Origin and History
The ship was a sloop of war.
During the Seven Years' War, the sloop was under the command of:
- in 1759: commander John Jervis
Service during the War
In 1756, the ship was part of a small squadron stationed at Minorca. When a French amphibious force invaded Minorca, this squadron managed to escape the French fleet on April 23, leaving the harbour after bringing in about ten captured French merchant vessels. It arrived at Gibraltar on May 2.
In February 1759, the sloop of war sailed from Spithead in Great Britain as part of the fleet destined for the expedition against Québec. The voyage was long and tedious. On April 21, when the fleet finally reached Louisbourg, it was to find the harbour blocked with ice, so that the fleet made for Halifax instead. The fleet finally sailed for Louisbourg in May. Between June 1 and 6, the fleet gradually left the harbour of Louisbourg and sailed for Québec. On June 23, Saunders' fleet made a junction with Durell's squadron at Isles-aux-Coudres. On June 26, the whole British fleet of vice-admiral Saunders was anchored safely off the southern shore of Isle-d'Orléans, a few km below Québec without loosing a single ship. On June 27 at 6:30 AM, the ships of the line Centurion (60) and Pembroke (60) along with the sloop of war Porcupine (16) anchored at the south-western point of Isle-d'Orléans, reconnoitring the French positions around Québec. During the night of July 8 to 9, the sloop, along with the armed ship Boscawen (16) escorted the boats transporting British troops from Isle d'Orléans to L'Ange-Gardien, a little on the north shore below the Montmorency fall. The town finally surrendered on September 18. At the end of October, vice-admiral Saunders fired his farewell salute and dropped down the Saint-Laurent river with his fleet on his way to Great Britain. However, he also left the bomb vessel Racehorse (8) and the sloop Porcupine, under commander John Macartney, to winter at Québec.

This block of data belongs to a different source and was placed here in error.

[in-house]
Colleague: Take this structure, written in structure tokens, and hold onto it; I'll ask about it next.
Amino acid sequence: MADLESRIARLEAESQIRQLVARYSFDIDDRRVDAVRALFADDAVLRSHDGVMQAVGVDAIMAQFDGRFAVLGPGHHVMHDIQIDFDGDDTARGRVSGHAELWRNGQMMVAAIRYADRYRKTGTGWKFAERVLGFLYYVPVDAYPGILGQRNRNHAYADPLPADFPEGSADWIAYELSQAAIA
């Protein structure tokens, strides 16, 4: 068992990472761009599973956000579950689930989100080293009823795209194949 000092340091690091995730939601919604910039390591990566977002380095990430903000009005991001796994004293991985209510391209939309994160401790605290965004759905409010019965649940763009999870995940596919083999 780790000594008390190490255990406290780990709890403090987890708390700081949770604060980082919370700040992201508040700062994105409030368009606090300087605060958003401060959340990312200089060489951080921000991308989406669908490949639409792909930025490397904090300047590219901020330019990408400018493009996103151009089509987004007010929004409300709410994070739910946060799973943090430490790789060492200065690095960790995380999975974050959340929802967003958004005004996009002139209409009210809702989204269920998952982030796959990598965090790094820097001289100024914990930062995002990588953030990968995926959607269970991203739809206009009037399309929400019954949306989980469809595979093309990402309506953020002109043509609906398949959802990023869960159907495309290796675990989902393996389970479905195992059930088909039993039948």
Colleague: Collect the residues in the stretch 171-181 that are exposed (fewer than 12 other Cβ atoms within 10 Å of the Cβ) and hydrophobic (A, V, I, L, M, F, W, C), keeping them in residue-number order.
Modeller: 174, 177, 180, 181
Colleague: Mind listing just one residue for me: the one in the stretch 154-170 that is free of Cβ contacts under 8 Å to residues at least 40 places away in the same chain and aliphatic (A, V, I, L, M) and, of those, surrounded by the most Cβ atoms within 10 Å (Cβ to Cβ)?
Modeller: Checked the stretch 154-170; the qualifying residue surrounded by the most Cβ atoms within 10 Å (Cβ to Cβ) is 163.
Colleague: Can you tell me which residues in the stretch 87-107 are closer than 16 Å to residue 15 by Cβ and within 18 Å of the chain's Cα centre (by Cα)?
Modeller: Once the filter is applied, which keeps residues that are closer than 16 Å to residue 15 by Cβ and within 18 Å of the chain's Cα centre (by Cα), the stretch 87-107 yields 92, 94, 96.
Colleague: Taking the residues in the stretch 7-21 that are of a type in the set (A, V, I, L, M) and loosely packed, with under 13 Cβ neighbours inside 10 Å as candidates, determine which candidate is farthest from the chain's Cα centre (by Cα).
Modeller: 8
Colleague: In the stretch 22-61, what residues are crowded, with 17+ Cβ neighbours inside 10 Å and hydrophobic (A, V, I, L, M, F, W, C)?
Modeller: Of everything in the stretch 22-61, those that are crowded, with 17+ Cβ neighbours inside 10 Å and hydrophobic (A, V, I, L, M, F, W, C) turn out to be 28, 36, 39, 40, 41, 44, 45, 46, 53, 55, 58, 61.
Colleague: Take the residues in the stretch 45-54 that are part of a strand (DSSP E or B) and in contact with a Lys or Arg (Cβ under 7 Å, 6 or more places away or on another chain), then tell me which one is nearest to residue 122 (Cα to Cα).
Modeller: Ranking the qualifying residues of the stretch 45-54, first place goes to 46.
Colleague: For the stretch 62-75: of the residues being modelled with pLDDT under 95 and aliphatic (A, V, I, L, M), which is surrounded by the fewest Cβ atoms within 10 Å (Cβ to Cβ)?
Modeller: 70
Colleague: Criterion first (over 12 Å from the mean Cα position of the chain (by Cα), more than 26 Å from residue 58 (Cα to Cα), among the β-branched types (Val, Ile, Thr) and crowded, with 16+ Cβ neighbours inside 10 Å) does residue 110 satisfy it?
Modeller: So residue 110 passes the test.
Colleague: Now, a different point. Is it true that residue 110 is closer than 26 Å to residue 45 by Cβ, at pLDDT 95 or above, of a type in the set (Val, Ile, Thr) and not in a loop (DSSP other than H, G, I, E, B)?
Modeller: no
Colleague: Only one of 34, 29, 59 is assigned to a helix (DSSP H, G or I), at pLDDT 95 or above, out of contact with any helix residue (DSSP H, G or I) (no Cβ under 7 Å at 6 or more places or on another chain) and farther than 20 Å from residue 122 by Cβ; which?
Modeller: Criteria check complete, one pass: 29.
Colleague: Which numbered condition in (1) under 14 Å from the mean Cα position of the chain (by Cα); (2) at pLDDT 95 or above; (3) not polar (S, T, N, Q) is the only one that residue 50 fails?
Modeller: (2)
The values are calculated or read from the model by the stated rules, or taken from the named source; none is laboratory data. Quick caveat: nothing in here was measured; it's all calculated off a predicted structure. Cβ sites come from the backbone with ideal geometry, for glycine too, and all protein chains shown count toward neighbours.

To do: campaigns from 1760 to 1762
Anonymous, A Complete History of the Present War, from its Commencement in 1756, to the End of the Campaign, 1760, London, 1761
Fortescue J. W., A History of the British Army, Vol. II, MacMillan, London, 1899, pp. 291-295
N.B.: the section Service during the War is mostly derived from our articles depicting the various campaigns, battles and sieges.